On Thursday an overflow crowd of House Democrats—Rep. Rush Holt, who's been nursing an injury, had to hobble into the room on a crutch and sit with reporters and observers—gathered in a Capitol Hill hearing room. The object of their attention was a former Republican economist's views on the Constitution.
The economist is Bruce Bartlett, who pointed out in an April 29 column in the Fiscal Timesthat the president didn't need Congress's permission to raise the debt limit. "The debt limit is statutory law, which is trumped by the Constitution which has a little known provision that relates to this issue," Bartlett wrote. "Section 4 of the 14th Amendment says, 'The validity of the public debt of the United States … shall not be questioned.' " The way he read it, if Congress wouldn't raise the debt limit, the president could start creating debt anyway. "Constitutional history is replete with examples where presidents justified extraordinary actions by extraordinary circumstances."
The idea got the usual amount of attention accorded a Fiscal Times column—we can define this as less attention than a slide show about Michele Bachmann—but some of the right people did read it. In a late-May interview with Politico, Timothy Geithner held up a pocket Constitution with one page paper-clipped. He read out Section 4 of the 14th Amendment. He hinted that Republicans, who seemed to have all the leverage in the debt fight, might have none. Threatening default was "not a credible negotiating strategy, and it's not going to happen."
It looks like a paradox. The White House has a weapon on the shelf that can avert the whole debt fight. All that Democratic griping about the entitlement cuts that will be necessary as part of a deal with Republicans? All those Republicans demanding a balanced budget amendment, which would basically prevent Congress from ever raising taxes again? If Geithner is right, they're all irrelevant. If Reuters is right, Geithner is still considering this an option. After all, President Obama has been asked about it, and he's said, "I don't think we should even get to the constitutional issue," which is not the same thing as "no."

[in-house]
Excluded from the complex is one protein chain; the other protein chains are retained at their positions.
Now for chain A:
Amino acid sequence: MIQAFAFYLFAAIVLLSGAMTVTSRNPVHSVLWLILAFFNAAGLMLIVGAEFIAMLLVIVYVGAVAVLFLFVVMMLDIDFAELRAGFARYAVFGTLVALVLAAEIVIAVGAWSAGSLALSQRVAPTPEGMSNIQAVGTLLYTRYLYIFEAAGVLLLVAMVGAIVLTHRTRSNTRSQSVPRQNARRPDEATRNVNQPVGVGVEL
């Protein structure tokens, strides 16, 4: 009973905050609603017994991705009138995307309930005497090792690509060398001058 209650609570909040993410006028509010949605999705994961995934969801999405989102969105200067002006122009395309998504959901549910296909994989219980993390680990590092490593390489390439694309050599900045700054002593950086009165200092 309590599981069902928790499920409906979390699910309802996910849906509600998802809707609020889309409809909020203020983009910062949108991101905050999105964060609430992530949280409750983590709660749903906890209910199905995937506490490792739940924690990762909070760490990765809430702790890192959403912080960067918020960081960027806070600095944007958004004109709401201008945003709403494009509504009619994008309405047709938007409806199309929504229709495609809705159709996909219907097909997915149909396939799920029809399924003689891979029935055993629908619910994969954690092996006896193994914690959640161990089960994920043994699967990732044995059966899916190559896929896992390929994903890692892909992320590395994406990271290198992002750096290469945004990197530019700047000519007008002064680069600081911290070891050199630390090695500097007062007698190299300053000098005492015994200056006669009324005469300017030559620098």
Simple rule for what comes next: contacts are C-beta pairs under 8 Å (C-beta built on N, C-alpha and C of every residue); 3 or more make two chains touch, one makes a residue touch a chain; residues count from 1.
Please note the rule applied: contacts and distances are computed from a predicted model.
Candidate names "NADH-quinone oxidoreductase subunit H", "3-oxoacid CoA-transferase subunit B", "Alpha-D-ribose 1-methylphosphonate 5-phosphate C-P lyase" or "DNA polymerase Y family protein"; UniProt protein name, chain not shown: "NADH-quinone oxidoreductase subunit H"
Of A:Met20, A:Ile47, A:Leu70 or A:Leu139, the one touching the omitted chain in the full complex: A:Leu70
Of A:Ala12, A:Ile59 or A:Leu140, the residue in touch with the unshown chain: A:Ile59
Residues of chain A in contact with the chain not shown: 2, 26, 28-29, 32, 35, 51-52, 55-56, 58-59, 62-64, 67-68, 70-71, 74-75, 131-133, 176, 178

So how would the "constitutional option" work? It's deceptively simple. The government would keep auctioning off Treasury securities, as it has been doing, as if the debt limit didn't exist. Investors would consider just how much they cared about the unprecedented constitutional run-around they'd just watch happen. And Republicans, Bartlett said Thursday, would freak out.
"You're immediately going to have talk about impeachment," he said, pointing out that freshman Rep. Tim Scott, R-S.C., has already raised that possibility. "But I think this becomes more of a constitutional crisis than an economic crisis."Asked about it on Thursday, Sen. Ron Johnson, R-Wis. speculated that "our only option at that point would probably be taking [President Obama] to court."
That's worked for Republicans in the past. In 2010, when Democrats briefly suggested that they could "deem and pass" the Affordable Care Act without holding a vote in the Senate, state attorneys general (led by Virginia's Ken Cuccinelli) threatened to sue. Congress backed down. It's just not so clear now who could sue over a debt limit runaround. Congress could pass a joint resolution and start a legal process, but the Senate's run by Democrats. The House could start impeachment hearings, but those would be doomed, too. According to Jack Balkin, a professor of constitutional law at Yale and probably the most prominent legal advocate of the "option," the only clear legal path against Obama and Geithner would be a sort of Rube Goldberg scheme.
"If the president issued new debt," said Balkin, "and somebody purchased the bond on credit, and then refused to pay on the grounds that they discovered that the bond was worthless, then the person who sold the debt might sue for payment. The purchaser might then try to defend the refusal to pay on the ground that the bond was worthless because it was illegal. That would bring the constitutional question before the courts as a defense."
That's the risk the "constitutional option" crowd likes to think about. Garrett Epps, a professor of law at the University of Baltimore, showed up at Thursday's hearing and sat behind Bartlett. He described a binary choice—watching the United States default, or watching Republicans raise hell over the 14th Amendment. Which would investors prefer?
"I'd think a constitutional crisis in which they're getting their checks affects them less than a constitutional crisis in which they're not getting their checks," he said.